• documenting what information about confidentiality requirements is provided to staff and volunteers in orientation programs
  • documenting how carers are engaged and supported when consumers make informed decisions that carers are not to be provided with personal information or to be partners in their recovery journey. Top of page

Exit information (criteria 7.12, 7.13)

Carers should have access to information on respite services, counselling, crisis support, education and training to maximise their wellbeing and ability to care and advocate for the consumer.

Services that could provide this support are listed under criterion 7.6. Those listed are organisations with a national presence but advice should also be provided about other state and territory based services that can provide ongoing support to carers once the consumer exits the service.

Evidence that these criteria are met could include:
  • giving carers information brochures detailing available sources of ongoing support
  • displaying posters and brochures in service provider public areas, providing information on respite services, carer respite centres, carer resource centres and carer counselling programs
  • providing information on service provider websites.

Training (criteria 7.15, 7.16, 7.17) (partially applicable to the sector)

Staff should be trained to consider and understand the ongoing needs of carers when a consumer is exiting a service and to be aware of the services to which they can refer carers for ongoing support.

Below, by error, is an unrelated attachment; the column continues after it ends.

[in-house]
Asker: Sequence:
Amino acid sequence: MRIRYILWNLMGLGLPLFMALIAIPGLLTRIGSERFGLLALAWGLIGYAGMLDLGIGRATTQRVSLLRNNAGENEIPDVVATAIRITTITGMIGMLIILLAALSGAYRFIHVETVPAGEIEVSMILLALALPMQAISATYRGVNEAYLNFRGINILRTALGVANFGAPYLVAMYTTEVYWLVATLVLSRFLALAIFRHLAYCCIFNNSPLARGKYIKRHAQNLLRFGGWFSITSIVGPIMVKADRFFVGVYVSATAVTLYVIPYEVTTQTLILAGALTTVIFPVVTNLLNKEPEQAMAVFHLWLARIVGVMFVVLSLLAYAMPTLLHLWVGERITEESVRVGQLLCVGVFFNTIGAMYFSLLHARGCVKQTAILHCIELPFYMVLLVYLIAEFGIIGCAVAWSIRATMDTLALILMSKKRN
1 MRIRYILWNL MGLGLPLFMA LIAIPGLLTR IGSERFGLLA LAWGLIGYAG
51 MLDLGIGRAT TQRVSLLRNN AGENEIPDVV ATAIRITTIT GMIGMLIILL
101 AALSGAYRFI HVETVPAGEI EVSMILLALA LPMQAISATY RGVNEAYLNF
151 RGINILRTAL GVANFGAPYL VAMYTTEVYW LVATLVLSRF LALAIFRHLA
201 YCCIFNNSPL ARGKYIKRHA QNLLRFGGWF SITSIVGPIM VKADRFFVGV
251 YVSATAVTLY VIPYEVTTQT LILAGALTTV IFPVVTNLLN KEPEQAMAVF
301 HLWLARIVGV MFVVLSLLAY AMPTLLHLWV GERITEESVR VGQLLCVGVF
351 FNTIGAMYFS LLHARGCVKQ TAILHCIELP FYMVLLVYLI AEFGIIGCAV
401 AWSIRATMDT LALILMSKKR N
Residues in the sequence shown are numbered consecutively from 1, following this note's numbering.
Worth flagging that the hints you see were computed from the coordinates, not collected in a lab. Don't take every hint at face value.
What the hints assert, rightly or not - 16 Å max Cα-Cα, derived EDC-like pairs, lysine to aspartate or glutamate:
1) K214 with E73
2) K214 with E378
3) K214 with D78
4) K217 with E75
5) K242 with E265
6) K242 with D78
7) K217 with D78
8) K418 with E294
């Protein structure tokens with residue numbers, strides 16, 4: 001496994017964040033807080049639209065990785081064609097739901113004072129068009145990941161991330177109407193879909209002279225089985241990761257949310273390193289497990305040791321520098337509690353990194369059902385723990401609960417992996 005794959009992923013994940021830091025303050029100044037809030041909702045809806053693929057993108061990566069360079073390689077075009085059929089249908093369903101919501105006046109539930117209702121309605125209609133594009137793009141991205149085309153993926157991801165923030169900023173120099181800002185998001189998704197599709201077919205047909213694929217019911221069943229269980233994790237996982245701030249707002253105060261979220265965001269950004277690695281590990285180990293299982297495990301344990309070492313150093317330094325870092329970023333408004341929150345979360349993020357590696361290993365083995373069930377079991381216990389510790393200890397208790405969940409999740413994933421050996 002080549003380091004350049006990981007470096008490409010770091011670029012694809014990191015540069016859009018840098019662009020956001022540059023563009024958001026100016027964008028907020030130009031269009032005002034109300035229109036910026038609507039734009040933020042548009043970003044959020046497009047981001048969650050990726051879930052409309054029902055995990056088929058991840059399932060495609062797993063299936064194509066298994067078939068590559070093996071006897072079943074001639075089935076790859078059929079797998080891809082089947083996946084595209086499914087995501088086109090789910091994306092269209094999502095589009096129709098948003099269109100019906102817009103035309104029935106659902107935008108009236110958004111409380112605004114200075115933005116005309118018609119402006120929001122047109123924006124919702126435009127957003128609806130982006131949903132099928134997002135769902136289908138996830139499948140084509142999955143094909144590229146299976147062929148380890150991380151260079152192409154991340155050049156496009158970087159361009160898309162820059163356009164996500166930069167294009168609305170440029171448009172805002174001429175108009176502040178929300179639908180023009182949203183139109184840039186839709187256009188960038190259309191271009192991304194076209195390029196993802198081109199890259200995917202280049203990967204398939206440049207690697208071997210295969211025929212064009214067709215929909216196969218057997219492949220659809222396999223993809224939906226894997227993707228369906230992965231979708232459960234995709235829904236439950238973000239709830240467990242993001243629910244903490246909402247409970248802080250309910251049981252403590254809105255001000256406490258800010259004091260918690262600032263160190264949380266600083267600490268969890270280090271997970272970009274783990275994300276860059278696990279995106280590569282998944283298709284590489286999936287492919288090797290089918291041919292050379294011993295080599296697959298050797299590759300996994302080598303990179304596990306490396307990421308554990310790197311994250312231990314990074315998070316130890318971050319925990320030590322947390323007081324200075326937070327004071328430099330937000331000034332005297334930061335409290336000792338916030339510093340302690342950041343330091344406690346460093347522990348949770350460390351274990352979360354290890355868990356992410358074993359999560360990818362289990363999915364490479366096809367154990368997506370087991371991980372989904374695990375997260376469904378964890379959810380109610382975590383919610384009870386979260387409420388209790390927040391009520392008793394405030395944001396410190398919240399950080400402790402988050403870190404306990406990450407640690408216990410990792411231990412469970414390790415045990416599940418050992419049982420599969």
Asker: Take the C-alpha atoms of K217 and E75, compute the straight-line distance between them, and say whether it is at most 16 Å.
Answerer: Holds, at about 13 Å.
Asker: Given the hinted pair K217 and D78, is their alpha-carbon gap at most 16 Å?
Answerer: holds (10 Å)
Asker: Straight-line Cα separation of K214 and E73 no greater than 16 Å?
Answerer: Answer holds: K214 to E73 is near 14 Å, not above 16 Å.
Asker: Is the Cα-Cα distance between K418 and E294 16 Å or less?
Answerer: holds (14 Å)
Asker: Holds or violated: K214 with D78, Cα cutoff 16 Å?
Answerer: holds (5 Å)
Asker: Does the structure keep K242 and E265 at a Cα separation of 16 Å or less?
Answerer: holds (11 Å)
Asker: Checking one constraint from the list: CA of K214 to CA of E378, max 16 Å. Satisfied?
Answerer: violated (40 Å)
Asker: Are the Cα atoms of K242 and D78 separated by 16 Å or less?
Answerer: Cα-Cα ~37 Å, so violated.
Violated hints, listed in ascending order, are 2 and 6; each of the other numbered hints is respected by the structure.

Evidence that these criteria are met could include:
  • documenting the training of staff in the ability to assess carer capacity to provide care for the consumer after discharge
  • the use of carer assessment tools to assess carer capacity to provide care to the consumer
  • giving carers information about available sources of ongoing support when a consumer exits the service.
Policies and procedures to demonstrate compliance with standard 7 will include, but not necessarily be limited to, those that address:
  • carer rights and responsibilities and how they are conveyed to staff, volunteers, consumers and carers
  • carer identification
  • what information is provided to carers and how that information is provided
  • how carers are involved, the structures and activities that are in place to facilitate their involvement at the individual, organisational and systemic levels
  • engagement with local and regional carer support services, including specialist groups such as those for children of parents with a mental illness or culturally specific carer support groups, and how those links are established and maintained
  • confidentiality provisions, and the management of situations in which the wishes and needs of a consumer conflict with the wishes and needs of their carer
  • arrangements for the resolution of carer complaints and disputes.
It is important to remember that policies and procedures alone are not sufficient to demonstrate that a service provider is meeting a standard's requirements. It is also necessary to demonstrate how the policies and procedures have been implemented and guide organisational practices and behaviours.